Alzheimer Society of Durham Region
Letter to the editor:
Congratulations to Anil and his committee on a spectacular job regarding Summer Jam. The noise was minimal, people respectful, and a special thanks to security. Our handicapped daughter Sherry was treated with the utmost respect and care by security. This event was fabulous for the youth of our township and adults. This should be a continuing event every year, bringing a new outlook to Scugog. As I walked the track at the fairgrounds, I found the grounds as clean as always.
Well done and continued success.
Don Orr, Port Perry
Letter to the editor:
There are some organizations that don’t like modern agriculture. I really don’t understand why. My personal hero is Dr. Norman Borlaug, who led the green revolution, which lifted millions of people out of poverty and provided food for millions or more, who would have otherwise starved.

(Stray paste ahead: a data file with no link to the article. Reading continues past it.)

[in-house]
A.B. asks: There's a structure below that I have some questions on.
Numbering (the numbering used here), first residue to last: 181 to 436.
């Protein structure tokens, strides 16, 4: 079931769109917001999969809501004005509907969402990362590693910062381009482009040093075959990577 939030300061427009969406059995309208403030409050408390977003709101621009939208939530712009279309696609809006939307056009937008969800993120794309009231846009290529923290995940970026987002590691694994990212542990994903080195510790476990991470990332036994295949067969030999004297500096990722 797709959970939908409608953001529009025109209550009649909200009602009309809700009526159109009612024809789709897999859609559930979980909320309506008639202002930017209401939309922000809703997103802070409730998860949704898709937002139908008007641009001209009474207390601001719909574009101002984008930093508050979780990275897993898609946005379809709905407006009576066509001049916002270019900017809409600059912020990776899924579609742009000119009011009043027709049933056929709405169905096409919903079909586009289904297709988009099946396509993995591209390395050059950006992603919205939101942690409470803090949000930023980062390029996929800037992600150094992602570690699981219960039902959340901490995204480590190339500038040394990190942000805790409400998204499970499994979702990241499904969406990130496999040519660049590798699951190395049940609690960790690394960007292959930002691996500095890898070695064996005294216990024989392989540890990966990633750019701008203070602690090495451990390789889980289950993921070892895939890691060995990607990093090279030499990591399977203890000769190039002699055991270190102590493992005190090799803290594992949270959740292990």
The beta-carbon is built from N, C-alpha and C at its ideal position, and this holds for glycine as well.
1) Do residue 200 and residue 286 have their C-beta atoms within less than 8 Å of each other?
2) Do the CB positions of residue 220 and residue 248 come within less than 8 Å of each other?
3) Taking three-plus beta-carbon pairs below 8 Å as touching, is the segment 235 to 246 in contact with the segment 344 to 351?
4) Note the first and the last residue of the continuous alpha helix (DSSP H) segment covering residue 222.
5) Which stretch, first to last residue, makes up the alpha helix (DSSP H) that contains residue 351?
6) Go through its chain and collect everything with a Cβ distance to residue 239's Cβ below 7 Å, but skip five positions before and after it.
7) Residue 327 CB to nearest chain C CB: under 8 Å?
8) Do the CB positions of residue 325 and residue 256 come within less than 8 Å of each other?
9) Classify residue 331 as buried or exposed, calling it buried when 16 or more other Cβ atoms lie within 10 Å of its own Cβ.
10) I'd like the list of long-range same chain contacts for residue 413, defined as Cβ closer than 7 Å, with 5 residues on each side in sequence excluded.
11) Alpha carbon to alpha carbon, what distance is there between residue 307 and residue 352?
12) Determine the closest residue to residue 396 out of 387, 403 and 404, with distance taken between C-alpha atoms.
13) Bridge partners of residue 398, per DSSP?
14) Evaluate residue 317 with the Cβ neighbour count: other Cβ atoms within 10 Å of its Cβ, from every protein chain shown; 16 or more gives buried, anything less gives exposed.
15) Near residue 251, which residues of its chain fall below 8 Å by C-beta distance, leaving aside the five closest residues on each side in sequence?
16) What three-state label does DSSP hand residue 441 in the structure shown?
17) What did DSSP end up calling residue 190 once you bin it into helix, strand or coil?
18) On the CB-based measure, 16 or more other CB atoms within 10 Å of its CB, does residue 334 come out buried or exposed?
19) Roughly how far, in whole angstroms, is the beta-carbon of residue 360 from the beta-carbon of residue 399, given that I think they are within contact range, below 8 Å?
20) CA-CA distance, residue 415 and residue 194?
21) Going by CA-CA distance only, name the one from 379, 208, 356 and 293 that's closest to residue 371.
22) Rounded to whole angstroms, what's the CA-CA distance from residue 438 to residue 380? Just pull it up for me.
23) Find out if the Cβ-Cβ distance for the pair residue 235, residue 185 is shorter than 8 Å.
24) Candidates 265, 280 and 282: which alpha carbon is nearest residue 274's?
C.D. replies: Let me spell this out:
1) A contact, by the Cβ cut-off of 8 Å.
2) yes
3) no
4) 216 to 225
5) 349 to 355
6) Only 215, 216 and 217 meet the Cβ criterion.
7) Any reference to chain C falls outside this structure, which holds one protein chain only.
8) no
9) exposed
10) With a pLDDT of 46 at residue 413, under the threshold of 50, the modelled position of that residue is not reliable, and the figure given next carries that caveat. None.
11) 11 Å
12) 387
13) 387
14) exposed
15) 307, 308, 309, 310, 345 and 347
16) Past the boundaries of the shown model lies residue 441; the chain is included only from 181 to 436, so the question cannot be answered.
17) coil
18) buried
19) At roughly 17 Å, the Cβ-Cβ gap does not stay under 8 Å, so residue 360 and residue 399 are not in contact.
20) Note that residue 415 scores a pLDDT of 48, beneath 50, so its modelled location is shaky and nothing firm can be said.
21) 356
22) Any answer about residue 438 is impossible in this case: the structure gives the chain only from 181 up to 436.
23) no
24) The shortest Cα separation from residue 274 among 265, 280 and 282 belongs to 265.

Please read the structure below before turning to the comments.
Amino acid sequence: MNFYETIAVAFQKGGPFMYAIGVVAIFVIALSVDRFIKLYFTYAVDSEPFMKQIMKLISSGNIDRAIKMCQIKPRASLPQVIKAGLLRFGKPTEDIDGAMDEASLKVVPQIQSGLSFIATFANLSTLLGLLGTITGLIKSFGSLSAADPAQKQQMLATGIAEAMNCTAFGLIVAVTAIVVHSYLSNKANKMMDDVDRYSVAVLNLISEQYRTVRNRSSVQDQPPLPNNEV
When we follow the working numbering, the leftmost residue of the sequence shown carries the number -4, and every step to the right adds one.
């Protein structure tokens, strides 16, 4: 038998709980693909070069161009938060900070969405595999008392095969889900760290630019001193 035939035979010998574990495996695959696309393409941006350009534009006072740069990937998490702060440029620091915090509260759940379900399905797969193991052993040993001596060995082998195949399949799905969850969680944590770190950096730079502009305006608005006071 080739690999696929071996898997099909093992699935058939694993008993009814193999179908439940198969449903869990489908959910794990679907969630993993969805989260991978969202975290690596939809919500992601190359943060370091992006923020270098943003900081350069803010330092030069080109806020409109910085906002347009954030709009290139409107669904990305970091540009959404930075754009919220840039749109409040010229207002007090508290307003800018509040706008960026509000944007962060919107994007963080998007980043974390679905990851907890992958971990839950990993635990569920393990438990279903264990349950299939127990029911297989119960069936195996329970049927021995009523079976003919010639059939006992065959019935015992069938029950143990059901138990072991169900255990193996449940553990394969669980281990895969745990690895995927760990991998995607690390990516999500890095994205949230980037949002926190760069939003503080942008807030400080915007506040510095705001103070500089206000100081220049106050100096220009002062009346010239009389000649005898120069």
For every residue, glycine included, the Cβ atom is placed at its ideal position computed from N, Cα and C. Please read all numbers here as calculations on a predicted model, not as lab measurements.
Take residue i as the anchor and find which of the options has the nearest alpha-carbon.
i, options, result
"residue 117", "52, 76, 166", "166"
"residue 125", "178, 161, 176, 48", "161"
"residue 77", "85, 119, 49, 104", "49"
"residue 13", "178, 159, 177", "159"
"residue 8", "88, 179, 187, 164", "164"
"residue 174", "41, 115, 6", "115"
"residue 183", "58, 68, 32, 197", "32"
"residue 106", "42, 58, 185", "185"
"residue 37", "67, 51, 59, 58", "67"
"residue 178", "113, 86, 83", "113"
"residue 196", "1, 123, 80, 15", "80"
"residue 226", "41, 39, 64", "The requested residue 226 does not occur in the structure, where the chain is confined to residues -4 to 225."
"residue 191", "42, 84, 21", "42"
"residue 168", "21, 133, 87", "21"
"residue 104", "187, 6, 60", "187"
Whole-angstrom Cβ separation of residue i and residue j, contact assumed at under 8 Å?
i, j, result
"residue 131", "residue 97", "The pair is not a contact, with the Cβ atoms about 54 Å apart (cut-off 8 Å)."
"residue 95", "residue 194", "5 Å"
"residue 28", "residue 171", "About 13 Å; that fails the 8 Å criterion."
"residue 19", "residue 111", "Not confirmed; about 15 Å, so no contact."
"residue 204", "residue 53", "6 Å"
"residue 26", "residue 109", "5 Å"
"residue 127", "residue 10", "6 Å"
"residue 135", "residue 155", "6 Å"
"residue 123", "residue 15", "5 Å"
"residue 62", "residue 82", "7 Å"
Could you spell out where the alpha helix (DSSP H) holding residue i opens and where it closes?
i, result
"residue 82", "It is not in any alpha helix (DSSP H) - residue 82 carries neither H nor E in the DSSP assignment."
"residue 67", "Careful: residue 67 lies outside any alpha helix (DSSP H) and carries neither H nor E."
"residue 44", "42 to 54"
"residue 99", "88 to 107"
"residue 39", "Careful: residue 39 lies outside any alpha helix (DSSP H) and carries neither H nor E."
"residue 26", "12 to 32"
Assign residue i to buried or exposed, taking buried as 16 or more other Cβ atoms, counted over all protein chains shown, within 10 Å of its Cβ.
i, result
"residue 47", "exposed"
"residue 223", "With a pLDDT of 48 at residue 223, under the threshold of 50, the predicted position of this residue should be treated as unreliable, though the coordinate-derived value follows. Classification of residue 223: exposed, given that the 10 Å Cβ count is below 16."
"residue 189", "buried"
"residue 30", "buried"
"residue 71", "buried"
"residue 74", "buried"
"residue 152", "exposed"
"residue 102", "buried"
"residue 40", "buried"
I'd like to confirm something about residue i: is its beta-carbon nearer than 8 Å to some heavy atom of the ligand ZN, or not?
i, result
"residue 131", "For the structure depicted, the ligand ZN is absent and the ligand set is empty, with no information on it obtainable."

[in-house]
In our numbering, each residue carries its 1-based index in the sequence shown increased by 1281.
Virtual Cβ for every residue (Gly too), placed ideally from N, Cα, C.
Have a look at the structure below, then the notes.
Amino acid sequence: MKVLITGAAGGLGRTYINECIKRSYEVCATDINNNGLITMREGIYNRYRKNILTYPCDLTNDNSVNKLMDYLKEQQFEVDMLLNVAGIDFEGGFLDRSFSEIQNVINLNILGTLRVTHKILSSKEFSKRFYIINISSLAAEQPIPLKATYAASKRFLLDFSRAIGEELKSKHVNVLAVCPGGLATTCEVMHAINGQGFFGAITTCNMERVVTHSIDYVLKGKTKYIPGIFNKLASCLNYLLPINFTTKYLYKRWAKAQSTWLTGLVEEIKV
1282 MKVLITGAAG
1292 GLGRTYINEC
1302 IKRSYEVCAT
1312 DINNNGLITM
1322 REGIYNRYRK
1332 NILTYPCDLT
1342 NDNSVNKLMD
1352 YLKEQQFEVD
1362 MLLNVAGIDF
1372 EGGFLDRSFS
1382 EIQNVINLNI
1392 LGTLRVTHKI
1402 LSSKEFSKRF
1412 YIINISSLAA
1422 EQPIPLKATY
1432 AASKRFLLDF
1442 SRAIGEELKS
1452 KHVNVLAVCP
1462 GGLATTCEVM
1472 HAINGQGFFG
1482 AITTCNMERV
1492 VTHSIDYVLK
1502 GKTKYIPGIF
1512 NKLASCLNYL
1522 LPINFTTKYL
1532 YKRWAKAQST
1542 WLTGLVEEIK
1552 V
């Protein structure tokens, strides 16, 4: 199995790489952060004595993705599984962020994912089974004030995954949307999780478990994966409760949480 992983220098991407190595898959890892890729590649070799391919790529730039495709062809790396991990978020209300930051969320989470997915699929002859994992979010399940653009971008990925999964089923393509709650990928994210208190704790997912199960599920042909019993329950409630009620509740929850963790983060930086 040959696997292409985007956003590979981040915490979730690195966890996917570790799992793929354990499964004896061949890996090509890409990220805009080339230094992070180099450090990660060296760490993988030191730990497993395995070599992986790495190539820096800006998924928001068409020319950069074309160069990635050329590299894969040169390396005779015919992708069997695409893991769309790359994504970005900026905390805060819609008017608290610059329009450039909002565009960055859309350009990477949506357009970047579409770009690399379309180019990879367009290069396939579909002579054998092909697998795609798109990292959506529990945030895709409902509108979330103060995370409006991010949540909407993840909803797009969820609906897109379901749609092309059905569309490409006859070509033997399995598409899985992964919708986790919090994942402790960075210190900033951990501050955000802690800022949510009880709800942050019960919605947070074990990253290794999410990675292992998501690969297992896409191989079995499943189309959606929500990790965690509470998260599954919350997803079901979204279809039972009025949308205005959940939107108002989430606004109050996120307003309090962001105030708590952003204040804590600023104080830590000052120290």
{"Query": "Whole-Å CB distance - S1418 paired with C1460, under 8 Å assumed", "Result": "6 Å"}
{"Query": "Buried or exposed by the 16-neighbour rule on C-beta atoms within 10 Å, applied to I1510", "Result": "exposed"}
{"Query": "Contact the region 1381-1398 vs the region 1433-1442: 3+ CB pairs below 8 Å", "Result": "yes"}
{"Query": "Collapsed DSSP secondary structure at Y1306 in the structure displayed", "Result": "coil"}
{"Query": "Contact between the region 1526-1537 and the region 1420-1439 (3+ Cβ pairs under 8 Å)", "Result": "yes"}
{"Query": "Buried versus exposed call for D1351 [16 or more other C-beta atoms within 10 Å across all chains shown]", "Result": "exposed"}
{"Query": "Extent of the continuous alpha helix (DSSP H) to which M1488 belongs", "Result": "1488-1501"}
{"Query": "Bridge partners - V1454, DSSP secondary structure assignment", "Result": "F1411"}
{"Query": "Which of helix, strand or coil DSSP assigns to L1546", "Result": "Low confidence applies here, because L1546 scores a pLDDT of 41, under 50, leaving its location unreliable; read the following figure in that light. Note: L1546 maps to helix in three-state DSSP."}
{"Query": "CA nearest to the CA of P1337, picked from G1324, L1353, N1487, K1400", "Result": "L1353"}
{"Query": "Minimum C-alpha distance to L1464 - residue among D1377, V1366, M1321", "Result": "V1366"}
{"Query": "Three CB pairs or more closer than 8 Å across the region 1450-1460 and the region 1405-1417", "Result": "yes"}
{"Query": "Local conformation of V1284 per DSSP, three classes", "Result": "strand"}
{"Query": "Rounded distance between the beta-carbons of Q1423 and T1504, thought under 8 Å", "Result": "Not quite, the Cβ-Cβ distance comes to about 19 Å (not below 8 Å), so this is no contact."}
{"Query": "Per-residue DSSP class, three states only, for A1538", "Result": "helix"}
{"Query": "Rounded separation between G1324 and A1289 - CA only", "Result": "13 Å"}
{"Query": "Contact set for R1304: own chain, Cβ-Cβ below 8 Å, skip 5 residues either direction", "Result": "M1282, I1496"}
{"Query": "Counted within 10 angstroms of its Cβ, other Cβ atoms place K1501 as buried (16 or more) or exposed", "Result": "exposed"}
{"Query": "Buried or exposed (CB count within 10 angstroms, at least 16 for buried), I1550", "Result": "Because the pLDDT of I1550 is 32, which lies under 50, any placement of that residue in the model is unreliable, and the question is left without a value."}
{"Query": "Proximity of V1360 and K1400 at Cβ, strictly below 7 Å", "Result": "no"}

The green revolution and the many innovations following are the product of science. Because of this, most of us involved in agriculture tend to rely on scientific arguments to counter those who want to shut down modern practices and tools. However, the language of science does not lend itself to telling our story, and agriculture has a fantastic story to tell. We need to adjust our approach.
We can’t dismiss those who want to turn back the clock just because we might not understand them. Campaigns aimed at eliminating crop protection products like glyphosate, or inputs like fertilizer, are tapping into an emotional appeal that is real and is driving consumers.
Pulling out science to say “you’re wrong” does give some personal satisfaction. However, the approach does little to counter the activists. Instead we too need to reach beyond just science and talk to consumers in their day-to-day life. To do this we need to stand up and talk about what agriculture has delivered.